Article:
Today I’m delighted to welcome author Gill Hoffs with a guest post on the grim realities of death and burial at sea, excerpted from her new book The Lost Story of the William & Mary: The Cowardice of Captain Stinson
‘Death is at all times solemn, but never so much as at sea. Then, too, at sea, you miss a man so much. There are no new faces or new scenes to fill up the gap.’
(R. H. Dana, Two Years Before The Mast)
While researching the weird and not-very-wonderful true story of a captain and crew who attempted mass murder at sea, the issue of body disposal came up. Due in part to the inexperienced captain’s habit of prescribing bacon to passengers suffering with fever and the absence of a ship surgeon on board, fourteen emigrants died as the William & Mary crossed the Atlantic from Liverpool, England towards New Orleans in 1853. Although occasionally the bodies of people who died at sea were preserved in barrels of alcohol to allow them to be transported home, generally the deceased were given a watery grave and that was the case here – even before several of the emigrants were murdered with a hatchet as the captain and crew escaped the shipwreck. The following is excerpted from “The Lost Story of the William & Mary: The Cowardice of Captain Stinson”, out now in the UK from Pen & Sword and January elsewhere. All rights reserved.
[W]e thought we couldn’t be worse off than we war but now to our sorrow we know the differ for sure supposin’ we were dyin’ of starvation or if sickness overtuk us, we had a chance of a doctor and if he could do no good for our bodies sure the priest could for our souls and then we’d be buried along wid our own people, in the ould churchyard, with the green sod over us, instead of dying like rotten sheep thrown into a pit and the minit the breath is out of our bodies flung into the sea to be eaten up by them horrid sharks.
(Robert Whyte’s Famine Ship Diary, 1847)
Often bodies were disposed of at sea within a few hours of the death, before rigor mortis made them difficult to remove from their berth and transfer between decks and before putrefaction set in to the detriment of the remaining travellers’ health. The smell of a fresh body would also attract hungry rats from the hold and the sight of them gnawing at a loved one would only cause further distress to the emigrants. […]With any luck, the families and friends of [the fourteen who died en route to New Orleans] would have avoided the awful situation a traveller called Henry Johnson experienced, which he immortalised in a private letter to his wife in 1848,
“Anything I have read or imagined of a storm at sea was nothing to this … One poor family in the next berth to me whose father had been ill all the time of a bowel complaint I thought great pity of. He died the first night of the storm and was laid outside of his berth the ship began to roll and pitch dreadfully after a while the boxes, barrels &c began to roll from one side to the other the men at the helm were thrown from the wheel and the ship became almost unmanageable at this time I was pitched right into the corpse, the poor mother and two daughters were thrown on top of us and there corpse, boxes, barrels, women and children all in one mess were knocked from side to side for about fifteen minutes pleasant that wasn’t it. Jane Dear Shortly after the ship got righted and the captain came down we sowed the body up took it on deck and amid the raging of the storm he read the funeral service for the dead and pitched him overboard.”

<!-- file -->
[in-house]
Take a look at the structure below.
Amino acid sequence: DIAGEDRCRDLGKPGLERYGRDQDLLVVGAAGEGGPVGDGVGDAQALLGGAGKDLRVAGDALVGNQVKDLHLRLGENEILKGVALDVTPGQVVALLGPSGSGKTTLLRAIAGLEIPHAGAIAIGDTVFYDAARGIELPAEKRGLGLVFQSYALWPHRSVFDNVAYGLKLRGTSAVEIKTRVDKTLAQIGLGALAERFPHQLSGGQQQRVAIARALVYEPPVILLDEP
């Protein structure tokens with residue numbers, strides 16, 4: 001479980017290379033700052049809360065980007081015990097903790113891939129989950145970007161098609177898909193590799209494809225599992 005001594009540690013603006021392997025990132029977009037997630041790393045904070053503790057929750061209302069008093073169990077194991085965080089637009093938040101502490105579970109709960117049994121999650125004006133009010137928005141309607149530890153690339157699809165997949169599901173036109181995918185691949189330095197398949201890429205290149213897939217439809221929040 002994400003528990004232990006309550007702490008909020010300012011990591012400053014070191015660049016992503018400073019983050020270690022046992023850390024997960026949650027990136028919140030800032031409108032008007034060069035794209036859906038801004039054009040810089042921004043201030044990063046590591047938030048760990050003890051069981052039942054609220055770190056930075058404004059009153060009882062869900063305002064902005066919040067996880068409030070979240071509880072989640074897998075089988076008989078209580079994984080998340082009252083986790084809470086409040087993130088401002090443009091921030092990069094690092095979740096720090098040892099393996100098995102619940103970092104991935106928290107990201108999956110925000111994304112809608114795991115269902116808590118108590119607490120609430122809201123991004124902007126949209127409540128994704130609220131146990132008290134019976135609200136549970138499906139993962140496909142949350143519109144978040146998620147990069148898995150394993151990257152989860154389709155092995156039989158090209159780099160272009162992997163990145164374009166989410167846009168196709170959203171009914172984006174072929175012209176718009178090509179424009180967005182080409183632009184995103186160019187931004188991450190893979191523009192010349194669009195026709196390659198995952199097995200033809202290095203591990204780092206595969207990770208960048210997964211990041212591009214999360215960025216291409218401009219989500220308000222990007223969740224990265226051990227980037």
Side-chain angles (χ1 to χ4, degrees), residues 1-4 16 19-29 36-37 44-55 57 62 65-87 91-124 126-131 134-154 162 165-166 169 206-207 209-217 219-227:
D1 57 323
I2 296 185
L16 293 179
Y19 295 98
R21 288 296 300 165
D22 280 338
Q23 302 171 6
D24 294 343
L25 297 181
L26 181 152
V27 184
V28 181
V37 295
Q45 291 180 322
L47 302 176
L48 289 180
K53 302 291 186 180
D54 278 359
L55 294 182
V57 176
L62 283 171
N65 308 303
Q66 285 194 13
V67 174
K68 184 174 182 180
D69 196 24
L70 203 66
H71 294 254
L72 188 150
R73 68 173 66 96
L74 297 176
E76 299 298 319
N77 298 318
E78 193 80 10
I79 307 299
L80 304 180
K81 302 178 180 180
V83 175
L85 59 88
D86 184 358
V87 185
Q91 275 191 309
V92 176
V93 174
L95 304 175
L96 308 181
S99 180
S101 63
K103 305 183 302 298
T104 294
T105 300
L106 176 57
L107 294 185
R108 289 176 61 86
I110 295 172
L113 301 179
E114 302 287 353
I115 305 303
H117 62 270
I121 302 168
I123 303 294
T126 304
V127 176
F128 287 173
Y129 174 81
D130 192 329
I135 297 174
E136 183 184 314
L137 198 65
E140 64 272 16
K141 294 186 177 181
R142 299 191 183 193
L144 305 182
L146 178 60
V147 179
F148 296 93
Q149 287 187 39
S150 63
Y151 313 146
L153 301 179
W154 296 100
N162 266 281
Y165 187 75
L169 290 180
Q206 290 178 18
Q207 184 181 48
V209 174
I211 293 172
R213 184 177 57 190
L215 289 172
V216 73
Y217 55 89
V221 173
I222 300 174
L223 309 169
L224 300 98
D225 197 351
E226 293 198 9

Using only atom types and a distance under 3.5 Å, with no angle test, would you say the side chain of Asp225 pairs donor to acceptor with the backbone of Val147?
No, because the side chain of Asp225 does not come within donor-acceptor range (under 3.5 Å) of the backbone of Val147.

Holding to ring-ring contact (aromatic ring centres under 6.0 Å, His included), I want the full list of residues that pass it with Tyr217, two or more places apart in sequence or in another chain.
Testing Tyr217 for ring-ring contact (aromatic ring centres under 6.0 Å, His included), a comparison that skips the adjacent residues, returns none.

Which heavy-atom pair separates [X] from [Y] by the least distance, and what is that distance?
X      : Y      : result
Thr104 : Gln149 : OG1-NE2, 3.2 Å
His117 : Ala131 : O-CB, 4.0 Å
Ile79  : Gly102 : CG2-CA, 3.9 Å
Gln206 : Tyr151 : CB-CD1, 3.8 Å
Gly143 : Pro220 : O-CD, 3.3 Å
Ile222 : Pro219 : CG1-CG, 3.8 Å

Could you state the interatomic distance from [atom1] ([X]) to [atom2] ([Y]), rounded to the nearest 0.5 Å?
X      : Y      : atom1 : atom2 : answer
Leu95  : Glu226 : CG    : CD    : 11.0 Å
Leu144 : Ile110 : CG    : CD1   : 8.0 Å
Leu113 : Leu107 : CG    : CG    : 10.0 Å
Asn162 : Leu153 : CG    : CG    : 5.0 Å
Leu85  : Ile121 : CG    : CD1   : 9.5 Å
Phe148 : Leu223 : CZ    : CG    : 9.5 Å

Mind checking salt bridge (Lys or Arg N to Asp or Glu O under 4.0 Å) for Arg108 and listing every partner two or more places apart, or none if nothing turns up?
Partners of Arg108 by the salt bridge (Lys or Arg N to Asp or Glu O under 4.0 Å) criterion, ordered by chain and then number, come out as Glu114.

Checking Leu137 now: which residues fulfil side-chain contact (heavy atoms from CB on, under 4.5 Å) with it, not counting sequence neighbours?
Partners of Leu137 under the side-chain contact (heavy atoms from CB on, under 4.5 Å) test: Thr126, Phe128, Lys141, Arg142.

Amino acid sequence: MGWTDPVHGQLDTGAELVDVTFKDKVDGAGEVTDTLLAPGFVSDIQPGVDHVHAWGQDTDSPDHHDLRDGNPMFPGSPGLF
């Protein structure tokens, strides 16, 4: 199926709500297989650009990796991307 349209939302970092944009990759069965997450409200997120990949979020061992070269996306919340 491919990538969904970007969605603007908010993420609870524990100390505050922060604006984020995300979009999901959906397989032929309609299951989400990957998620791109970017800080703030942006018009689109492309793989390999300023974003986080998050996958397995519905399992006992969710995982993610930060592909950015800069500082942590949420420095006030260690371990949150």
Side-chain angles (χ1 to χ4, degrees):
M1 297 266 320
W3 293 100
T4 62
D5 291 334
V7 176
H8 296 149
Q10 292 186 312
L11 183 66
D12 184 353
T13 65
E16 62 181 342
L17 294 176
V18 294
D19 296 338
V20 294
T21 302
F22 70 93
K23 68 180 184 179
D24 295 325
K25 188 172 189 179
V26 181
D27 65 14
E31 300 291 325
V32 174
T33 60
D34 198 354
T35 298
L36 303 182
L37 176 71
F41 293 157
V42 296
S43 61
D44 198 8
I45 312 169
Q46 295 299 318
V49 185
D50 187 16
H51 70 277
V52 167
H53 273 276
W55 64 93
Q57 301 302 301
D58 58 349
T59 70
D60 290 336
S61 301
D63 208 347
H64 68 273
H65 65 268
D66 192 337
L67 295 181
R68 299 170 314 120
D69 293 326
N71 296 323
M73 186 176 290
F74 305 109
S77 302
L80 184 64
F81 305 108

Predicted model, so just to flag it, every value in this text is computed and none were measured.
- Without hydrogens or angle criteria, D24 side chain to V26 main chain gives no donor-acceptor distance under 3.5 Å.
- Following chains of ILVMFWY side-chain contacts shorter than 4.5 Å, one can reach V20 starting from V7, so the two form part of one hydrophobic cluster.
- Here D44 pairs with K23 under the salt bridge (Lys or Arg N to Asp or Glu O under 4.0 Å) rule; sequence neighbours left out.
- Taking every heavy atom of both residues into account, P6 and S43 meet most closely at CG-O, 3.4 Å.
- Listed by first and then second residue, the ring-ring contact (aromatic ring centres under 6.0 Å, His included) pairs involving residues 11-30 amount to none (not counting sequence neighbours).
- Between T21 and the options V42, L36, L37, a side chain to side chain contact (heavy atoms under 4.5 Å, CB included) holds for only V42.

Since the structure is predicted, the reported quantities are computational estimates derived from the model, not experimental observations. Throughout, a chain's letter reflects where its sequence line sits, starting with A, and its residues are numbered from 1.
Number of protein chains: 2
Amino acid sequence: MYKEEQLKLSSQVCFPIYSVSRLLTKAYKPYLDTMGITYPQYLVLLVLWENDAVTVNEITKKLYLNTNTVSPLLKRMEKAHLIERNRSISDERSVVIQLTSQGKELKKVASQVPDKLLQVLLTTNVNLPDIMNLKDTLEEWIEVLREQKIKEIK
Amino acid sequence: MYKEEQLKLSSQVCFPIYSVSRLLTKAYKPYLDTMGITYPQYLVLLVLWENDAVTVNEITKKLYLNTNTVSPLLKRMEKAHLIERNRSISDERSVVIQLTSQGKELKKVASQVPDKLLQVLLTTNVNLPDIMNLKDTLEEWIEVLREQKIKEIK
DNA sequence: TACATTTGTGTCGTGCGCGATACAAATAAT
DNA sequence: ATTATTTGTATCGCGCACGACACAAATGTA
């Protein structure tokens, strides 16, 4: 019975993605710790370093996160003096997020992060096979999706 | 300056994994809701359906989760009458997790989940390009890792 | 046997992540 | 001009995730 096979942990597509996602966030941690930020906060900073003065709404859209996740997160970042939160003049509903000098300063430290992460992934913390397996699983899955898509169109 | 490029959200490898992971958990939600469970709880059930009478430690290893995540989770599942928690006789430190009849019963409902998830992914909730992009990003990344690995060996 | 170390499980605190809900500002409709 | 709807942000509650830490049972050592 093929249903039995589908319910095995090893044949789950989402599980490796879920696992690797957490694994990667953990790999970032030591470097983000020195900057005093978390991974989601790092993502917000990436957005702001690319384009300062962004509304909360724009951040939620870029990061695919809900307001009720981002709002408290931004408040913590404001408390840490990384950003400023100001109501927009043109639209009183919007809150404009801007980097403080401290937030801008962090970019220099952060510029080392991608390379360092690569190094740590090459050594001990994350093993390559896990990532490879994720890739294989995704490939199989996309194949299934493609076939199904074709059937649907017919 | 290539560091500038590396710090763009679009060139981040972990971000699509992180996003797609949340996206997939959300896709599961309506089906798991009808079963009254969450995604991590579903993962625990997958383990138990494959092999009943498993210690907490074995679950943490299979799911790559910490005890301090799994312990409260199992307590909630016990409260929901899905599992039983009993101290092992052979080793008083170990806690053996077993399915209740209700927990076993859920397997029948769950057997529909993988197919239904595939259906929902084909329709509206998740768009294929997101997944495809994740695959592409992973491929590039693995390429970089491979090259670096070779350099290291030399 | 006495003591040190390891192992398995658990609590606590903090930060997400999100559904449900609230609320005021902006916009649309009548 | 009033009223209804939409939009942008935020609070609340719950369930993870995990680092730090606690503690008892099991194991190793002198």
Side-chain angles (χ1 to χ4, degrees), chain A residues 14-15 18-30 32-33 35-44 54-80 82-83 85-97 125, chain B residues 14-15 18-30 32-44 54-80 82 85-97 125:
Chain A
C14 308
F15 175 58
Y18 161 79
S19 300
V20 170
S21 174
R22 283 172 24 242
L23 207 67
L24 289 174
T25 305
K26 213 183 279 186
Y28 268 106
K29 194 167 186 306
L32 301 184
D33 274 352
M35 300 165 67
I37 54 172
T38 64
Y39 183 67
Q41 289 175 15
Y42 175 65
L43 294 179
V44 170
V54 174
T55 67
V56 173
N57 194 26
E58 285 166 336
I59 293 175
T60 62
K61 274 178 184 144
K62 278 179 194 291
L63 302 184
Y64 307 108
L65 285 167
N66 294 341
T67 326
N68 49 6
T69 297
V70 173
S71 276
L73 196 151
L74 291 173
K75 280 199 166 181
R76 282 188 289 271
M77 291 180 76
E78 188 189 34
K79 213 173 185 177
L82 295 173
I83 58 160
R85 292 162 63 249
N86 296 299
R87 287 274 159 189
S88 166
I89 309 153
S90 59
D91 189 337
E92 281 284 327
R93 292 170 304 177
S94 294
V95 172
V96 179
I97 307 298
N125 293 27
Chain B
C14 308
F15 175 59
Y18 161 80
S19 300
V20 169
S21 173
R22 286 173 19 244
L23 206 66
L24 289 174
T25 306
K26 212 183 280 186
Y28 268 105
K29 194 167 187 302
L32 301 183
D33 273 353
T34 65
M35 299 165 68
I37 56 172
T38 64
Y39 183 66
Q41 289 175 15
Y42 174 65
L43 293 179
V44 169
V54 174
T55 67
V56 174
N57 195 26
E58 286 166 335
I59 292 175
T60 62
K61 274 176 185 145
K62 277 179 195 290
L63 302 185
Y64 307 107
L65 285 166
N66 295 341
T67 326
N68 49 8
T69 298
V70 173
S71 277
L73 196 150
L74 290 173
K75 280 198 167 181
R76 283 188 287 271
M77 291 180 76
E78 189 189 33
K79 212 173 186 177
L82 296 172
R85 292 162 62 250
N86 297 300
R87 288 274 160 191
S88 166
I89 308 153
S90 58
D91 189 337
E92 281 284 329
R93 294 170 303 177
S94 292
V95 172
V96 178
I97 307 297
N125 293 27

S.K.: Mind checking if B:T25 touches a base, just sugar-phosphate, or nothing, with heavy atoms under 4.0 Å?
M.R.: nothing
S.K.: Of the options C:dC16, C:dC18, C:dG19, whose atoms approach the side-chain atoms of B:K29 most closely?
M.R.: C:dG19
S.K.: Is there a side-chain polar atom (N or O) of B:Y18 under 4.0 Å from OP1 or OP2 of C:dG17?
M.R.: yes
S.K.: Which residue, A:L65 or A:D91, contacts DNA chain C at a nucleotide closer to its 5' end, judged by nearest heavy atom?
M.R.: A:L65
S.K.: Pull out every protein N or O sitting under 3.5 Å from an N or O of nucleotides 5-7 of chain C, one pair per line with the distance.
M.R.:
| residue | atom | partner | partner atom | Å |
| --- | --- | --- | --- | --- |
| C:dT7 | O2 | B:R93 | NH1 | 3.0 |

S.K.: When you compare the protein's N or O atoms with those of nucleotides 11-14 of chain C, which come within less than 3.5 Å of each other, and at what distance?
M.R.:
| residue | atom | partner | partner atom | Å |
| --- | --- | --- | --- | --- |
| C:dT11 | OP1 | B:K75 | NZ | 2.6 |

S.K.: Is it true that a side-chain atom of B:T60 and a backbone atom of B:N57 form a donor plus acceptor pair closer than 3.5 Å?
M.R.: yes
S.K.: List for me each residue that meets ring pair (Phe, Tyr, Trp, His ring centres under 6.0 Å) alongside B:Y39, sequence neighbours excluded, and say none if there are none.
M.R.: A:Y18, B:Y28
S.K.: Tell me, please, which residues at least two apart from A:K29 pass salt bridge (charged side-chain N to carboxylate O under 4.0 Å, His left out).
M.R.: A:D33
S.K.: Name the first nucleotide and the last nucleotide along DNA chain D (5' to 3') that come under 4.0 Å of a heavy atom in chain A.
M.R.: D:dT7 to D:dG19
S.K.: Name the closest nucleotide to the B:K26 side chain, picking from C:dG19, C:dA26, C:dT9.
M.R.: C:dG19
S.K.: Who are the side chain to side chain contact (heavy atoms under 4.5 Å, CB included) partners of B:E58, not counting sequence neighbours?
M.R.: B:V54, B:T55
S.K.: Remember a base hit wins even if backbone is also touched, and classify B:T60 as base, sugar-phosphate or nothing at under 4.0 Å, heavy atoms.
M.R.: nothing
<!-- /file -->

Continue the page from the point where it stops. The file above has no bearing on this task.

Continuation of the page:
While mourning and body disposal was highly ritualised on land at that time, at sea it very much depended on how a person died, who was left on board to grieve for them and the culture of the ship. One passenger, according to the Glasgow Herald of 5 May 1854, while giving evidence about his journey on the cholera-ridden Fingal to a committee regarding emigrant ships, said ‘I heard the sailors refuse to throw some of the bodies overboard; they were afraid of touching them and I consider they objected because they were not paid. In one case the body was not sewn up in canvas before it was thrown overboard; the captain said, “We are not bound to do it; it is only according to courtesy”.’
It was common practice for a body to be washed down by the deceased’s family, friends or berth-mates, then sewn tightly into their hammock or bedding, or a scrap of sailcloth. As one man told the Waterford Chronicle of 3 September 1831, ‘it was customary to run the needle in the last stitch through the nose of the corpse’, partly to check they were dead but also to help keep the corpse in place within the shroud bundle. They often remained in the outfit they died in, although sometimes layers were stripped off and given to relatives or sold to raise money for any dependents they may have had. Heavy items such as cannon shot were placed at their feet within the shroud, or sometimes tied on, in order to sink the corpse and spare their fellow passengers the unenviable sight of the body being picked at by scavengers including sharks. Sometimes this went wrong, as ‘an orphan girl’ reported to the Dublin Evening Post of 24 September 1839, when the unfortunate Mr Lewis died of fever.
“[A]t that impressive sentence in the form of burial at sea, ‘We commit our brother to the deep!’ [his body] was gently lowered into its ocean tomb. Never shall I forget the sound of splashing waters, as, for an instant, the ingulfing wave closed over his remains!
‘Oh! that sound did knock
Against my very heart.’
The coffin, encased in its shroud-like hammock, rose again almost immediately; the end of the hammock having become unfastened and the weights which had been enclosed, escaping, the wind getting under the canvas acted as a sail and the body was slowly borne down the current away from us … I remained on deck straining my eyes to watch, as it floated on its course, the last narrow home of him who had, indeed, been my friend; till, nearly blinded by my tears and the distance that was gradually placed between the vessel and the object of my gaze, it became like a speck upon the waters and I saw it no more!”
There are accounts of emigrant ships ravaged by disease having their dead removed with boat hooks and ‘stacked like cordwood’ in quarantine stations, ready for disposal, but although the William and Mary suffered a comparatively high number of deaths for the route and season, there were enough passengers left alive for humanity to prevail. Emigrants were at more risk of catching contagious diseases such as dysentery, cholera or smallpox at sea than on land. Generally at that time mortality rates on ships were approximately 2 per cent, but in bad years they could be 10 per cent or even 25 per cent and above. It is only surprising given the conditions on board emigrant ships that this figure wasn’t higher.